GENEVA, 18 May 2012 - The threat of zombie attacks has been largely overlooked in the annals of disaster risk management but that may be about to change thanks to a week-long campaign on disaster preparedness which finishes today in Canada.
The Canadian province, British Columbia, kicked off Zombie Preparedness Week on Monday with a post-zombie attack survivor's blog whose author vows to "stay cool, calm and collected. I'm prepared and will live to tell the tale."
The blogger is able to pull a battery-operated radio out of an emergency kit to keep monitoring the latest updates on zombie attacks and instructions from local government and emergency officials.... "So far, word is to stay put."
Worse is to come. The blogger has to beat off the undead invaders with a fire extinguisher before escaping in a car with at least half-a-tank of gasoline (the minimum recommended for an emergency escape from any type of hazard).
Apparently, it took three meetings for Justice Minister Shirley Bond to sign off on the playful campaign before accepting that it was a fun way to reach new audiences with potentially life-saving information in the event of a major disaster.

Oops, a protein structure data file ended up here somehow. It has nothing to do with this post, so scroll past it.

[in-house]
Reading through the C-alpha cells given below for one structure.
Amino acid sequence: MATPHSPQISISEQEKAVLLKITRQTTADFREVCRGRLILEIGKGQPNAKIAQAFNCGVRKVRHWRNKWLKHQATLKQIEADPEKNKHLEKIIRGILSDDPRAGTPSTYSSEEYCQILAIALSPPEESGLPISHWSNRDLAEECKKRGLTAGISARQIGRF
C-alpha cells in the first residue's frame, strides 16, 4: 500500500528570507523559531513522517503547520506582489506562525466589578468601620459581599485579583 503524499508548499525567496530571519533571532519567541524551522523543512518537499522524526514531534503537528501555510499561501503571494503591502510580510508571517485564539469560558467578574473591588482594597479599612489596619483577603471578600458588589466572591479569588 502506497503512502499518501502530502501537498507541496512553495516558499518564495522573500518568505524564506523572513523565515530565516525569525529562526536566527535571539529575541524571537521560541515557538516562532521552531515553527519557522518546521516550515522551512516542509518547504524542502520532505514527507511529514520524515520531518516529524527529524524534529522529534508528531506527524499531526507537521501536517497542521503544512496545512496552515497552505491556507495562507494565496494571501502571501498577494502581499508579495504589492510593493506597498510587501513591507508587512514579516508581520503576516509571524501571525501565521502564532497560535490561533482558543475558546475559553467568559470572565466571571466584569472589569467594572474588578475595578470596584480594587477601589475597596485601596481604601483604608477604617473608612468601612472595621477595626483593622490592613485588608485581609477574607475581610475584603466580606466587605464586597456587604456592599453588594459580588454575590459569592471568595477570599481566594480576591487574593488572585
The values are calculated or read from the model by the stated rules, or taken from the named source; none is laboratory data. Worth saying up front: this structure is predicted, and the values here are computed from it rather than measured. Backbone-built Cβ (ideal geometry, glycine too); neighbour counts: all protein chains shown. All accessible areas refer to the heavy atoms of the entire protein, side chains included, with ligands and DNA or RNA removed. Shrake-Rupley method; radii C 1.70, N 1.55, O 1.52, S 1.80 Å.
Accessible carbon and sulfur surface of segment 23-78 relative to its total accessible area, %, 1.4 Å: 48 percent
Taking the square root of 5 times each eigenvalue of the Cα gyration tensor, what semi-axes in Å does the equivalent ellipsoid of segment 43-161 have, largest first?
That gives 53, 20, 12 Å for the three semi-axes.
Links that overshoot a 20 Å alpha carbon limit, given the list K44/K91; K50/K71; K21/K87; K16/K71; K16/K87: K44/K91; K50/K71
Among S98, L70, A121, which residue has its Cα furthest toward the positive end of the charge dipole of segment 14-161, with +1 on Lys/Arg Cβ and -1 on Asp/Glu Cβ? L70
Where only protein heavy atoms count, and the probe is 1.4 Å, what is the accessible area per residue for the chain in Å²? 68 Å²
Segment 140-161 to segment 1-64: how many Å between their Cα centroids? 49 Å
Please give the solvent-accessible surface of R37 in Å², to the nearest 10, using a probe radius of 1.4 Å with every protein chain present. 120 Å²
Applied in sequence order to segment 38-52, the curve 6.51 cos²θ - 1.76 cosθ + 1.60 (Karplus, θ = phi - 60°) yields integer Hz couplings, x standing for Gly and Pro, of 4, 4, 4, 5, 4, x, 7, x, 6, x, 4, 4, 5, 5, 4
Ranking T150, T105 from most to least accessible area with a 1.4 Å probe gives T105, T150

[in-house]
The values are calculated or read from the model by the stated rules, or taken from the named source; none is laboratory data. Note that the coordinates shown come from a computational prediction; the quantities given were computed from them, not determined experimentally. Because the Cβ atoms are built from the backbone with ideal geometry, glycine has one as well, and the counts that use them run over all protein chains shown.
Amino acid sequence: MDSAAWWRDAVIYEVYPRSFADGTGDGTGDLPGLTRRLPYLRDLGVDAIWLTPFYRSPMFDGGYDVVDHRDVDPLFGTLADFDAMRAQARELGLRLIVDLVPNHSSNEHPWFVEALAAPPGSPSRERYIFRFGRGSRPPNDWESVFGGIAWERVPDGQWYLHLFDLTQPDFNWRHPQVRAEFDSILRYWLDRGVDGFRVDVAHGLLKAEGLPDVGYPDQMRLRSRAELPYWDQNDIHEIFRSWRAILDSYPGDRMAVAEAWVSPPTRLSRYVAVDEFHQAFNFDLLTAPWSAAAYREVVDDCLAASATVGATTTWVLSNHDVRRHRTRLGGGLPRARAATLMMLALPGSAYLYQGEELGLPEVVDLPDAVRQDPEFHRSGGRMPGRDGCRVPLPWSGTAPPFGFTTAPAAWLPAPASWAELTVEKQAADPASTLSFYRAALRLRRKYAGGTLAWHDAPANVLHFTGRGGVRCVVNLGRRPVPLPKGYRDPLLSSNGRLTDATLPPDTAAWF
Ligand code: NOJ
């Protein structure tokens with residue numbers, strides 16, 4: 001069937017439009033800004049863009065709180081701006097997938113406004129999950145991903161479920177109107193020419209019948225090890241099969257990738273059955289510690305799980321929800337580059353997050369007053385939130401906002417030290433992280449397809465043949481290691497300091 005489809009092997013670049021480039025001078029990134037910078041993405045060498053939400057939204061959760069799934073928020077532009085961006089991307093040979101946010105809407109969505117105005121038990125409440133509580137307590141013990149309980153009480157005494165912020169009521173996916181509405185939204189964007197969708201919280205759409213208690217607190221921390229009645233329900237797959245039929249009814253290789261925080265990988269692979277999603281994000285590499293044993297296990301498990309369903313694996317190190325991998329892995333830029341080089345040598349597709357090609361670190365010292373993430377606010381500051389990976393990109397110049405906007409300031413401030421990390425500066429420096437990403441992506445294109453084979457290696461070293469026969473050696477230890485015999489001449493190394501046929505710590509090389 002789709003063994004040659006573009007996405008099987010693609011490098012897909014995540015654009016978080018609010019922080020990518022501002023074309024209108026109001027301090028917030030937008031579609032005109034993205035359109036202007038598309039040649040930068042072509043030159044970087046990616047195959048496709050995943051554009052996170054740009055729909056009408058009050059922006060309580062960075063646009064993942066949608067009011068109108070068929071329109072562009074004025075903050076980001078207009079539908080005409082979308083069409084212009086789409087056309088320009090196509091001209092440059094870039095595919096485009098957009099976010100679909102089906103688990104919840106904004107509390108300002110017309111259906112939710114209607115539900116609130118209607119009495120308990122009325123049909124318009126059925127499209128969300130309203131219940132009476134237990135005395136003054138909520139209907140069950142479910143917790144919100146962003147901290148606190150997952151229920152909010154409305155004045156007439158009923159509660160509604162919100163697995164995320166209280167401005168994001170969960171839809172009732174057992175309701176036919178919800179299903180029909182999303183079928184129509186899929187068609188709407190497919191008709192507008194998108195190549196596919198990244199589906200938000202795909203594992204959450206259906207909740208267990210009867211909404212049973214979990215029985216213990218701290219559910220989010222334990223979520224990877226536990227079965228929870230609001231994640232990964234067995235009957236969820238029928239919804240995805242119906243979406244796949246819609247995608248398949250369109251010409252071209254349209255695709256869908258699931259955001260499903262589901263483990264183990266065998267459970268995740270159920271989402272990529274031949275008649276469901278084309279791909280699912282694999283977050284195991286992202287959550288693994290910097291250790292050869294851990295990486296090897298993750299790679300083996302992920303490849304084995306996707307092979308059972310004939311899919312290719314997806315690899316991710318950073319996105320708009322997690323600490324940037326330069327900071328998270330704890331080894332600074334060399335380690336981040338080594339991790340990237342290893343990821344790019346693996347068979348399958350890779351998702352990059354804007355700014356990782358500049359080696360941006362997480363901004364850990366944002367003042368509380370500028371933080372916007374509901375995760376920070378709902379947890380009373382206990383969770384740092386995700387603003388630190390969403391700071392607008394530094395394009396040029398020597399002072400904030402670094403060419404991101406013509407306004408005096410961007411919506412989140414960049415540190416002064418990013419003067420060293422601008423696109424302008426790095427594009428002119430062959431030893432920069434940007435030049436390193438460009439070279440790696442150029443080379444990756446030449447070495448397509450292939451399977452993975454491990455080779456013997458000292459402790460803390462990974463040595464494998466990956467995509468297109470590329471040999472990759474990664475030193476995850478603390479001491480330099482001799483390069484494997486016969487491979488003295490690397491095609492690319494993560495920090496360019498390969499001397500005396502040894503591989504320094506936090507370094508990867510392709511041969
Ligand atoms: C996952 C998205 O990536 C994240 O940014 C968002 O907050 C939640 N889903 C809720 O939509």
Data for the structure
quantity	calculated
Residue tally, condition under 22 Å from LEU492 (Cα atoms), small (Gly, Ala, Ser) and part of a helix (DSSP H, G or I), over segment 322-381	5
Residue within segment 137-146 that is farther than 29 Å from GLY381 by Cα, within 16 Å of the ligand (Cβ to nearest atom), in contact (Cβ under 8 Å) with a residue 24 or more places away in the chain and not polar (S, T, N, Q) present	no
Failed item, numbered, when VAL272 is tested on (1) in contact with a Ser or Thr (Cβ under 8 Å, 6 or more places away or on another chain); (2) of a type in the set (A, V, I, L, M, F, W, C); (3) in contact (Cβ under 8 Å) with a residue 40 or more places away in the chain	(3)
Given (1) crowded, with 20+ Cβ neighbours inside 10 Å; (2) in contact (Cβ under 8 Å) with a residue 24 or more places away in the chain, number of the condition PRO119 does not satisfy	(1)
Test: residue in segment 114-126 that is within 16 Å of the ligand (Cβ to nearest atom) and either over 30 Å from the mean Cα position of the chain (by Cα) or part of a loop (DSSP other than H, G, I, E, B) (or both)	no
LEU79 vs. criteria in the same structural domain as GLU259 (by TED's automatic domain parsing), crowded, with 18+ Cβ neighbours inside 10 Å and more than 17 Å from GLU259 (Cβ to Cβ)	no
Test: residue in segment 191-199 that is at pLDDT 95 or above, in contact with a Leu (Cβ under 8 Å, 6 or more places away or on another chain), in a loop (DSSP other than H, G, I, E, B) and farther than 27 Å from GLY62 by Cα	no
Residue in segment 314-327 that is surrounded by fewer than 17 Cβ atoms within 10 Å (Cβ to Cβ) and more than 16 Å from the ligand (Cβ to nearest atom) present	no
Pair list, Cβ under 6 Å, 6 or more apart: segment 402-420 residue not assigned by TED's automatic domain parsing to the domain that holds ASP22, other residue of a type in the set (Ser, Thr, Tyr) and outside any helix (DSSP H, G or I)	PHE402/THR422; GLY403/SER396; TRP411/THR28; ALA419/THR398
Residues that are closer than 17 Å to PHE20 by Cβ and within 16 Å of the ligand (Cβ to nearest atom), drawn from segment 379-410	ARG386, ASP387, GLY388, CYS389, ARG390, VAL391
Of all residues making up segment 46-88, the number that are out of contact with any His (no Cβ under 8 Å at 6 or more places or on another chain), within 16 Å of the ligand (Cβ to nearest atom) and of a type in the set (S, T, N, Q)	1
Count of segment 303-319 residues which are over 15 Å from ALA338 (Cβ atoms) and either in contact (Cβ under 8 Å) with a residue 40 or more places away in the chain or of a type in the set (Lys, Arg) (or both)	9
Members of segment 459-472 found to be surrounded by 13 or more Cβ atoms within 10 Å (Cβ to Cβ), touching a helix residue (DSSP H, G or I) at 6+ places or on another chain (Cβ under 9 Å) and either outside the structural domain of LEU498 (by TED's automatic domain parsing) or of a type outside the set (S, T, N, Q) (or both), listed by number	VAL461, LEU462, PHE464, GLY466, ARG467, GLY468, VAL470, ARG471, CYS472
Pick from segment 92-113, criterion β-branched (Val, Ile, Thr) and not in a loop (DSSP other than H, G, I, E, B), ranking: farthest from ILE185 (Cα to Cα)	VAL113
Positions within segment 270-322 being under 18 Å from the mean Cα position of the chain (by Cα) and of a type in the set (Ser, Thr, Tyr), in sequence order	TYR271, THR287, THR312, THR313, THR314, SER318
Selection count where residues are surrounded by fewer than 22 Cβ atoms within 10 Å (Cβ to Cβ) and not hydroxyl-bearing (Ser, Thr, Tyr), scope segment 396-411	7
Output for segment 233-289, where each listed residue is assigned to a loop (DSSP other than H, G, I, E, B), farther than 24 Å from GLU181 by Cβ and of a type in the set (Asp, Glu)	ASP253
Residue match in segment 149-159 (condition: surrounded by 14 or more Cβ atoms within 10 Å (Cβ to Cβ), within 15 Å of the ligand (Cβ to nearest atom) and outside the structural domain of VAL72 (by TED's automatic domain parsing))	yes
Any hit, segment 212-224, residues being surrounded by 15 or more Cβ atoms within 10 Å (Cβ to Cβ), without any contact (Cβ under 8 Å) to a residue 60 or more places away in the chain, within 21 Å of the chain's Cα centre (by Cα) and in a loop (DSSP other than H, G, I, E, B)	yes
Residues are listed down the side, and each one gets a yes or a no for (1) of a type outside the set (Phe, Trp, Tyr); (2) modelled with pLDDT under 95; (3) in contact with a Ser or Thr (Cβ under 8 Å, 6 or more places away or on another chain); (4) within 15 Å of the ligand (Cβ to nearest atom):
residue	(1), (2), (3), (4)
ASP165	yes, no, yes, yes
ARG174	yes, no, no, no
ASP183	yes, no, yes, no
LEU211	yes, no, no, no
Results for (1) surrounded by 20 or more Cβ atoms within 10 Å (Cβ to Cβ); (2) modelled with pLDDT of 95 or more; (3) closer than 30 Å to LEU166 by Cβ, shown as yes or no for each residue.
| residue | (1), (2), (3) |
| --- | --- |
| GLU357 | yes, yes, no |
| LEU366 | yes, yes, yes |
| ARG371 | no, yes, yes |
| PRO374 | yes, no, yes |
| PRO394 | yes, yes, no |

Visitors to the EmergencyInfoBC website are informed: "Earthquakes, tsunamis, floods, landslides, avalanches, interface fires, severe storms and hazardous material spills are some of the dangers that could threaten lives and cause extensive damage in British Columbia. And while the chance of zombies a-knockin' on your door is pretty slim, we do believe that if you're ready for zombies, you're ready for any disaster."
The public awareness campaign comes with a blog and six home-made videos and cost just $50. It has reached thousands of citizens through Twitter, Facebook and media coverage.
The zombie takeover of the world of disaster preparedness was first encouraged by the Centres for Disease Control and Prevention (CDC) in Atlanta, USA, with a blog post mentioning a "zombie apocalypse" as a humorous way of getting Americans to prepare for last year's Atlantic hurricane season. It drove so much traffic that the CDC website crashed.
The campaign was so successful that CDC continues to reach and engage a wide variety of audiences on all hazards preparedness via Zombie Preparedness.
CDC Director and Assistant US Surgeon General,Dr. Ali Khan, notes: "If you are generally well equipped to deal with a zombie apocalypse you will be prepared for a hurricane, pandemic, earthquake, or terrorist attack."
Zombie Preparedness Week video playlist from EmergencyInfoBC